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As Restaurant Industry Expands, Adults Go to Cooking Classes for New Careers

December 22, 2000|CANDY SAGON | WASHINGTON POST

After 22 years as a pediatric nurse, Maggie Dahl of Arlington, Va., decided it was time for a change. She was 53 years old, the last of her five kids was leaving the nest, and her nursing job, thanks to hospital cutbacks and outsourcing, had become more and more stressful and less and less satisfying.

"It was time to think about the rest of my life," she said.

So last year, Dahl enrolled in Northern Virginia Community College's cook apprenticeship program. Today, instead of doling out medicine, she's putting the perfect meringue swirl on 200 lemon tartlets at Design Cuisine, one of the Washington area's top catering firms. Eventually she hopes to open a hostel or have a catering firm.

Lew Burkholder, 50, of Alexandria, Va., had had enough of the construction business.

"My knees couldn't take it anymore," said the retired Navy officer. His hobby was cooking, so two years ago he became a full-time culinary-arts student at Stratford College in Falls Church, Va. Today he's a chef, preparing breakfast, lunch, tea and dinner for visiting dignitaries at Blair House, the president's official guest house in Washington.

Dahl and Burkholder are part of a growing trend: career-changers starting new professions in the food-service business, filling that industry's desperate need for new employees. There is a smorgasbord of cooking schools for them to choose from, many of which have opened in just the past few years. Shaw Guides (http://www.shawguides.com), a New York publisher of guides to everything from golf camps to photography schools, has seen the number of nationwide listings for career cooking schools more than double in the past decade, from 174 to 409.

All of this growth is being driven by a healthy economy and a restaurant industry that is generating $376 billion in sales and 200,000 new jobs each year, said Steven Anderson, president of the National Restaurant Assn.

"Restaurants employ 11 million people. We are the largest private-sector employer in the country. Only the government employs more people than we do."

For those looking for jobs, the market for skilled restaurant chefs and cooks is one of the fastest-growing sectors in the economy, increasing by nearly 20% each year, according to figures from the restaurant association and the Bureau of Labor Statistics.

To help fill all these openings, cooking schools are offering a menu of options: one-, two- and three-year programs, day, night and weekend classes, and a variety of employers willing to provide budding cooks with paid on-the-job training while they earn their culinary degree.

Career-changers make up the bulk of students at Stratford (formerly ATI Career Institute), where the average student is 30 years old. The school began offering accredited 15-month associate's degrees in culinary arts two years ago. There is also a 12-month diploma, said Executive Vice President Mary Ann Schurtz, "but nearly all of our 200 students want the associate's degree. It carries more weight with employers and allows students to take electives like computer science or business administration, if they're thinking of going into management."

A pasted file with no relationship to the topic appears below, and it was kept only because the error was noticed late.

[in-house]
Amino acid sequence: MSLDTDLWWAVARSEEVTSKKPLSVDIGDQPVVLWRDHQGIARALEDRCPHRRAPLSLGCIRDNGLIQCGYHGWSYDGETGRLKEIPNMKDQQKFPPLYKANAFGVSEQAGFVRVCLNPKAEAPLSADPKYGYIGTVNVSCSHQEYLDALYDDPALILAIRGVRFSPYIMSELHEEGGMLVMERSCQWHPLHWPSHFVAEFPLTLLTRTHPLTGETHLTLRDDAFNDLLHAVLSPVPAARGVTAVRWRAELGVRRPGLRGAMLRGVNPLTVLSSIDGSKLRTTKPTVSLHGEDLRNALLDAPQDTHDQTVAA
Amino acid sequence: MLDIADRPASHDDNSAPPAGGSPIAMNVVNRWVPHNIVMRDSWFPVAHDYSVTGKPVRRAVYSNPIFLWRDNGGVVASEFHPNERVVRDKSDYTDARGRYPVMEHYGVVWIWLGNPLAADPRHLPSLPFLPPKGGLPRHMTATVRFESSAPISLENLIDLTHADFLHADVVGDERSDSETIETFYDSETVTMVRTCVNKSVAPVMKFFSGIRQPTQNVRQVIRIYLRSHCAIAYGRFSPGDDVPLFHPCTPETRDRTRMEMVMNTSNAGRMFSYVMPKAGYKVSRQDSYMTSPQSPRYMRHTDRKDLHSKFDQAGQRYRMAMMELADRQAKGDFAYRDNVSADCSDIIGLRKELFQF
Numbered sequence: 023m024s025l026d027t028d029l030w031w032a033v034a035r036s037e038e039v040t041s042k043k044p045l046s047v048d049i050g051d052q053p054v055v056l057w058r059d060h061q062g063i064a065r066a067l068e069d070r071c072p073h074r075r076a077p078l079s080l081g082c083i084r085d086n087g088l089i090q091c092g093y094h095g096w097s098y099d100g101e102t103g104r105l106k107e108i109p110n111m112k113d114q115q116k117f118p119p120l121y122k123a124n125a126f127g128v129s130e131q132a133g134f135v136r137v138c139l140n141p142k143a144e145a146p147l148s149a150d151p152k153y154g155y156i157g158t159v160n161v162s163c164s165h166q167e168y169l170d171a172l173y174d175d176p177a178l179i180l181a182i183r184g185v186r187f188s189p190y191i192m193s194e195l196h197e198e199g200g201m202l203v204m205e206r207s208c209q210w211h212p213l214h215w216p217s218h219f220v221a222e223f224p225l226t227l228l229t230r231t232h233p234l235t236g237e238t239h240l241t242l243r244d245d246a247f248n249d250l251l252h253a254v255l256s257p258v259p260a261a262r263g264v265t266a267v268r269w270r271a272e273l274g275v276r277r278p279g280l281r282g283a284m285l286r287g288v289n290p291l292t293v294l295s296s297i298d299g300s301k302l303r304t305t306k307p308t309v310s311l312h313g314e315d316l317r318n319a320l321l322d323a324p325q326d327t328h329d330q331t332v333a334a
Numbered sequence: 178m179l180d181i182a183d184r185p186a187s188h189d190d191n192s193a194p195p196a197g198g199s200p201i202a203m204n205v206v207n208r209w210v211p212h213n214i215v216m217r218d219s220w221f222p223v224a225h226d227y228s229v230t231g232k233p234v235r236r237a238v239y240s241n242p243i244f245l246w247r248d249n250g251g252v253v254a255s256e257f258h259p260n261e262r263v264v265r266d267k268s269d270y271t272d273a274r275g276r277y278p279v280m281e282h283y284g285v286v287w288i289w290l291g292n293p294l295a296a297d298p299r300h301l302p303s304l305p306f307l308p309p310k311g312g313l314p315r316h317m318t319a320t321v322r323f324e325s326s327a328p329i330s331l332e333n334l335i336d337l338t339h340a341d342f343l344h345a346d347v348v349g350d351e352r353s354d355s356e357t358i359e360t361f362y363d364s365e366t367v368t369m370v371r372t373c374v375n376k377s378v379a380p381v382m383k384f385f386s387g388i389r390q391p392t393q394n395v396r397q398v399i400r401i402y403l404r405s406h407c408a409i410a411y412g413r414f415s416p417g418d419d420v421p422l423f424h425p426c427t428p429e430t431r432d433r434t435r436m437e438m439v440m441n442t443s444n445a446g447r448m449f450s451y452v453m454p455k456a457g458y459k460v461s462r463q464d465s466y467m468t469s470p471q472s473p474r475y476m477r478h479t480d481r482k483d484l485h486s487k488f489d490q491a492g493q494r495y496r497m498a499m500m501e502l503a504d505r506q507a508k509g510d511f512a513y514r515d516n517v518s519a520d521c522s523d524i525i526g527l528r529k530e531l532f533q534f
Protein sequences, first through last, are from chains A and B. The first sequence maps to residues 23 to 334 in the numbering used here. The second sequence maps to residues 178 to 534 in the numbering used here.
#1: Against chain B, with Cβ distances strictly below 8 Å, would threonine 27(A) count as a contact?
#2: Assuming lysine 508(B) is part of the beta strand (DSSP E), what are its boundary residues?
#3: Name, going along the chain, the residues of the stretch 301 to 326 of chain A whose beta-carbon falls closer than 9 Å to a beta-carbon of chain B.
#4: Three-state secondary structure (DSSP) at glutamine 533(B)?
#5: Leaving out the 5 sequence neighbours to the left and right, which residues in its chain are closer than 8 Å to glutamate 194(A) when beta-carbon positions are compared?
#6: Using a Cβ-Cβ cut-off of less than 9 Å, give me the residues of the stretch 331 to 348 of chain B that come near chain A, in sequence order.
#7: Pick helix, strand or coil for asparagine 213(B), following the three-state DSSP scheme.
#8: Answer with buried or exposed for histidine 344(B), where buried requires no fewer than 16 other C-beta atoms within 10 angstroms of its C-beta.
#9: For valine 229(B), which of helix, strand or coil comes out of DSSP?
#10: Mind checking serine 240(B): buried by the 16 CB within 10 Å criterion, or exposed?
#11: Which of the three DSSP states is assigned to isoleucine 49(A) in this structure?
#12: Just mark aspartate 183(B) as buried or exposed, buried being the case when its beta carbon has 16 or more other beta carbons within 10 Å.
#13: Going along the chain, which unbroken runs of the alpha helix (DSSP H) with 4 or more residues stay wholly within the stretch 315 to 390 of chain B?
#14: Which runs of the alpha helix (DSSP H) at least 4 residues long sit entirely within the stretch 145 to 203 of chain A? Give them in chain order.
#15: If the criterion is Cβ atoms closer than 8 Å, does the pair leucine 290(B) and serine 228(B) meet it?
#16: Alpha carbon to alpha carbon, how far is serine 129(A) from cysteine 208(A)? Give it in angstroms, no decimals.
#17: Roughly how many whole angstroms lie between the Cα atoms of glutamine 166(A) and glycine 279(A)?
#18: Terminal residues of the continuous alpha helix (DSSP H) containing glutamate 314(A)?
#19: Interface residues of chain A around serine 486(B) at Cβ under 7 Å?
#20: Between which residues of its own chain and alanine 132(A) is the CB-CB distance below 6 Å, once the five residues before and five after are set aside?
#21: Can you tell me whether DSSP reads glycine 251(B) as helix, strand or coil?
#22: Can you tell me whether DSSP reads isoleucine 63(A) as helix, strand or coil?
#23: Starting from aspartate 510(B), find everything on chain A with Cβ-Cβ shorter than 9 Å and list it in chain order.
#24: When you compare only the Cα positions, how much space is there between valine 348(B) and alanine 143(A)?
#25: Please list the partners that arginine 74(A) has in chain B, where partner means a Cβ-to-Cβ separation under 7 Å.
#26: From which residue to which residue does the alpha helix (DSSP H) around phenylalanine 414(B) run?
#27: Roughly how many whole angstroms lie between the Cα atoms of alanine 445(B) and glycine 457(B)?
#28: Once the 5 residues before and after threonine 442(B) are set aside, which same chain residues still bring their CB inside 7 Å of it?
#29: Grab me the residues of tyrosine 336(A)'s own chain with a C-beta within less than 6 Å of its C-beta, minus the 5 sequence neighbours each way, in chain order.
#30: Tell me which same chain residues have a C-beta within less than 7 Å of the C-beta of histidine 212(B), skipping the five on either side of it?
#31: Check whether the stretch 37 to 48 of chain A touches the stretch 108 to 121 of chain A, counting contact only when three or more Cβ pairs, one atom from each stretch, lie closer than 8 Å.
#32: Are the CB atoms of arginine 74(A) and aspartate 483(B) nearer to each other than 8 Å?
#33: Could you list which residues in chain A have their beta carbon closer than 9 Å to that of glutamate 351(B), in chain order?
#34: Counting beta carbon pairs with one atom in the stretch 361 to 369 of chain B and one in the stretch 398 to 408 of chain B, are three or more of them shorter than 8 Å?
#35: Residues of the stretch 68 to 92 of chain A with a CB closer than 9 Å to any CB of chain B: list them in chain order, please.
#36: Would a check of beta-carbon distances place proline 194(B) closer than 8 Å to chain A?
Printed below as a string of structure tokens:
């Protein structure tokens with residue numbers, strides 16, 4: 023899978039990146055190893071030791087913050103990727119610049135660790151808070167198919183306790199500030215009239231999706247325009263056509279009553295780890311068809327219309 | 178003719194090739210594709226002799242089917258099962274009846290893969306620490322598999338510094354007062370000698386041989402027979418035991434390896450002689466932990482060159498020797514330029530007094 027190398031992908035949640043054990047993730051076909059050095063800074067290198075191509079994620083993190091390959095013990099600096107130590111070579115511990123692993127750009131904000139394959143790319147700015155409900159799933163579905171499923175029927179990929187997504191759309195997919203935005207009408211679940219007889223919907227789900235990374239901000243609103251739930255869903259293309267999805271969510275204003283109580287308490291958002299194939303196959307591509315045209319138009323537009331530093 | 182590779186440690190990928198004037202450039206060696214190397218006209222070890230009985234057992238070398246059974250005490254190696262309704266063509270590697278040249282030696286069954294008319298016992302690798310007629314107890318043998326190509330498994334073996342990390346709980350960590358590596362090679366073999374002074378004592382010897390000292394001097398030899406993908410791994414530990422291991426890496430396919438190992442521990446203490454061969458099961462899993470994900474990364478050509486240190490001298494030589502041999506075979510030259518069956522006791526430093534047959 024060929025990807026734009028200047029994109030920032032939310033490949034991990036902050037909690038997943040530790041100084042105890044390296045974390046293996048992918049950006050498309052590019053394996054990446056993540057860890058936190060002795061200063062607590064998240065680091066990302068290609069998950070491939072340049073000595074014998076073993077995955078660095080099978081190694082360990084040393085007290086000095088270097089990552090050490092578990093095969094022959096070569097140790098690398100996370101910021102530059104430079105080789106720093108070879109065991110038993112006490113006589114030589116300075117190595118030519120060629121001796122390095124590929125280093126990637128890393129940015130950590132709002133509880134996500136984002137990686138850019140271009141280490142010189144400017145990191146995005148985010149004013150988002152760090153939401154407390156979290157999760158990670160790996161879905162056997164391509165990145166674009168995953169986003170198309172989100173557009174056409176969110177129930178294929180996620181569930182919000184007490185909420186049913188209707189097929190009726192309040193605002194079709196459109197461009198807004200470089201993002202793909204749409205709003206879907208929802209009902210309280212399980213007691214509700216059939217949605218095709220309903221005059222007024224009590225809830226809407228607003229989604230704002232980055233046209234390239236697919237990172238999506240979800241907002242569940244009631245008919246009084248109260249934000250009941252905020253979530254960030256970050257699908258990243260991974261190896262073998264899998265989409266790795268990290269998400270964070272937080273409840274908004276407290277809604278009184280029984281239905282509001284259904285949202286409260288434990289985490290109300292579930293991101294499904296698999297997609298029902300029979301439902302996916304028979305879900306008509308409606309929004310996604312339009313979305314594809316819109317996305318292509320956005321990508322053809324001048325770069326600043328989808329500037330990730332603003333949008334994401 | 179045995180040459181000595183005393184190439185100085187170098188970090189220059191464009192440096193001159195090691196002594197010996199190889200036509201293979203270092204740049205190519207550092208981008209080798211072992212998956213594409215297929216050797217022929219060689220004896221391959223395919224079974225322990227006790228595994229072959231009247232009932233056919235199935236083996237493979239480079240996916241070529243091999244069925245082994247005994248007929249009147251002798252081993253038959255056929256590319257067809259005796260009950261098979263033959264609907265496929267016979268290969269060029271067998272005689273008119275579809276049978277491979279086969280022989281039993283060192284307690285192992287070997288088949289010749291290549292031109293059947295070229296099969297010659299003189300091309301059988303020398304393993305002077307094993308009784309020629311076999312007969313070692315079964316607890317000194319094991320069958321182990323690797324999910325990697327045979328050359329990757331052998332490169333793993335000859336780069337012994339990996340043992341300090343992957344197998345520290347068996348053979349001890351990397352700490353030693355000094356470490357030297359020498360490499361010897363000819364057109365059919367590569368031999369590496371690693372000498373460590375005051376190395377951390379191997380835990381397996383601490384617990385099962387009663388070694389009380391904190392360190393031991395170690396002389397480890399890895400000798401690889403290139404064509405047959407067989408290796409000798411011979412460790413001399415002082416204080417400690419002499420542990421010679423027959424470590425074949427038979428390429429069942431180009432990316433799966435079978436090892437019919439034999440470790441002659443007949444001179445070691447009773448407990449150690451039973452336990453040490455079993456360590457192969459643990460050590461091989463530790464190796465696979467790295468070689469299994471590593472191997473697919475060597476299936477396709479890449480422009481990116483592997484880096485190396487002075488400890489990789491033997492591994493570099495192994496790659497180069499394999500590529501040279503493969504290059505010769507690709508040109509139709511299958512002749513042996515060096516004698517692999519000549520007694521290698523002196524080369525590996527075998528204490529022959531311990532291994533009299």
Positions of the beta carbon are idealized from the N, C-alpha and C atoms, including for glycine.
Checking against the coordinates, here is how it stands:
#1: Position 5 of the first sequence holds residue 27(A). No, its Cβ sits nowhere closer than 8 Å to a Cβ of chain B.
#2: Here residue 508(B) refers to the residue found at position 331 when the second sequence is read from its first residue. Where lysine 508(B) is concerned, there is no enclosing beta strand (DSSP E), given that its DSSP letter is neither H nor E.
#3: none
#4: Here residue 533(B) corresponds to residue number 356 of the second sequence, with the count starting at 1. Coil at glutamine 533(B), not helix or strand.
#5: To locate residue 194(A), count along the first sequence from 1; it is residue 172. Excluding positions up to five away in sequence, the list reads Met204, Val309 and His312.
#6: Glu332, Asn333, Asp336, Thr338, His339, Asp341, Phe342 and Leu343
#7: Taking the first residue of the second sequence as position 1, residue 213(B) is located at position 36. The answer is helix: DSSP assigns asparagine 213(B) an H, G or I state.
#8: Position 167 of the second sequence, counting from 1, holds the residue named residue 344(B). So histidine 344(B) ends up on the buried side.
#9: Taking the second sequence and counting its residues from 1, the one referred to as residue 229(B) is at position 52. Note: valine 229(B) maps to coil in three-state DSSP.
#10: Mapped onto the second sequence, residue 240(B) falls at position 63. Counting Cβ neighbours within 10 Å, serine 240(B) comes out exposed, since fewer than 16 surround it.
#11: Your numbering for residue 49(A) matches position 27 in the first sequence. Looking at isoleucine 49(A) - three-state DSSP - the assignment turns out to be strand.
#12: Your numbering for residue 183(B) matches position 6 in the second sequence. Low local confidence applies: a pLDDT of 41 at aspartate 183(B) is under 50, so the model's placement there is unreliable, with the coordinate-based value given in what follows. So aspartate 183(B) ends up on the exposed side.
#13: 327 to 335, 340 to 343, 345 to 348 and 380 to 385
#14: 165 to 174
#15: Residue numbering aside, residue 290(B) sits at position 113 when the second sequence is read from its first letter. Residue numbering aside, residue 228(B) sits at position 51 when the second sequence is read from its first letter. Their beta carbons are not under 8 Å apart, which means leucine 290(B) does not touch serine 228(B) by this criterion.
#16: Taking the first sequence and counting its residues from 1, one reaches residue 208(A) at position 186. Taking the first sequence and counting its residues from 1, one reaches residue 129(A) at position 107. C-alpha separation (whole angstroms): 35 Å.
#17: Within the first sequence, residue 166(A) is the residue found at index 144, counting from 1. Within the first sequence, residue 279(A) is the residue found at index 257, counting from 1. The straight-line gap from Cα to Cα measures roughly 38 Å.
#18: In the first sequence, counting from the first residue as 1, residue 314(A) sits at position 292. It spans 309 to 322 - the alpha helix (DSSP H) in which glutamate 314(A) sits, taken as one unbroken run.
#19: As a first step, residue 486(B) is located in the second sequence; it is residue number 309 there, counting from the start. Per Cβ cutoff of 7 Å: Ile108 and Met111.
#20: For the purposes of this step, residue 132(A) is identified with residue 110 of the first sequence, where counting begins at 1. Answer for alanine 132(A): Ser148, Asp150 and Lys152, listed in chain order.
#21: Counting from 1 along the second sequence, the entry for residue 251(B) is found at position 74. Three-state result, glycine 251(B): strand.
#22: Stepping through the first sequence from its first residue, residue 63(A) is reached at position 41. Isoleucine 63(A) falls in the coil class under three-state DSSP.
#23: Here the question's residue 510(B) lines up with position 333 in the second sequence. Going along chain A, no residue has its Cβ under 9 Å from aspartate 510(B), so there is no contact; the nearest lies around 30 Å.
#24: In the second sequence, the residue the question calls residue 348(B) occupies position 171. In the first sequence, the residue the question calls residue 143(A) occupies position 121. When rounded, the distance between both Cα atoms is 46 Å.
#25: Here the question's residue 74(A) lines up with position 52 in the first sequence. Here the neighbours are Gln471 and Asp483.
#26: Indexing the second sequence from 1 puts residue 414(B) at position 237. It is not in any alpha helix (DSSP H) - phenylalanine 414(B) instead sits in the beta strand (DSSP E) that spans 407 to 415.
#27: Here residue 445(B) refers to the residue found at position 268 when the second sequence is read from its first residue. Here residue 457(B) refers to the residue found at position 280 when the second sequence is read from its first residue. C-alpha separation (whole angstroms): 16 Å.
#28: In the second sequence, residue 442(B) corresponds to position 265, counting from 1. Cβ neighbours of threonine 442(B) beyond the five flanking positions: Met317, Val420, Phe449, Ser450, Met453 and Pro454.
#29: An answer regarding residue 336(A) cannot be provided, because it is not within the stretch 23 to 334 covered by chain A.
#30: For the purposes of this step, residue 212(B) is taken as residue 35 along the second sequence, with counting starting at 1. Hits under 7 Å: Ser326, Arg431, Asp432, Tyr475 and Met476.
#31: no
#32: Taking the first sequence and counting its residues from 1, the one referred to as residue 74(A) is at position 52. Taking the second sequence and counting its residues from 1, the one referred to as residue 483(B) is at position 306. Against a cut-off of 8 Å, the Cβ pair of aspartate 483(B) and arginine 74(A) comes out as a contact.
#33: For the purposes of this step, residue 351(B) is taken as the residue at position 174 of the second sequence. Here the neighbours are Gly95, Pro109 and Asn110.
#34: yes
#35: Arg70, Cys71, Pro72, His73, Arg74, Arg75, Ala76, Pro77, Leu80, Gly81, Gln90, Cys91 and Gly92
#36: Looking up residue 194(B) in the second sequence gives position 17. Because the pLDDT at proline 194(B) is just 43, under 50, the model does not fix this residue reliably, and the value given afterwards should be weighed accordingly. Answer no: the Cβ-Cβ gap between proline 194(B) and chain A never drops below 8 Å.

The school has three commercial kitchens where students hone their cooking skills, including a restaurant--open to the public for lunch and dinner on Fridays, where students can get experience serving and dealing with typical restaurant problems, said Schurtz, "like no-shows for reservations."

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Instructors and cooking-school graduates try to dampen some expectations. Jobs may be plentiful, they warn, but few in the food industry are getting rich and everyone--even celebrity chefs such as Emeril Lagasse, star of the Food Network--works long hours.

Plus, training can be expensive. Community-college programs are a bargain, but tuition at the more prestigious, and rigorous, private culinary schools can easily top $10,000 a year. Though some top executive chefs earn in the six figures, the average salary range for head chefs is anywhere from $35,000 at a small restaurant to $80,000 for larger, more-upscale eateries.

Assistant chefs can earn from $23,000 to $43,000, while hourly wages for cooks range from $6.38 to $11.32, according to Bureau of Labor Statistics and National Restaurant Assn. figures.

Even in a top-notch city restaurant, a food-service job is not an easy way to earn the big bucks.

"You don't go into this business to get rich," said Burkholder, who saw his six-figure salary as a master plumber and construction boss drop by nearly half. "If you choose this career, you have to do it for the satisfaction and the love of food."

The perks aren't much to speak of, either.

"You have no weekends, no holidays, and your evening life is pretty much gone," he said.

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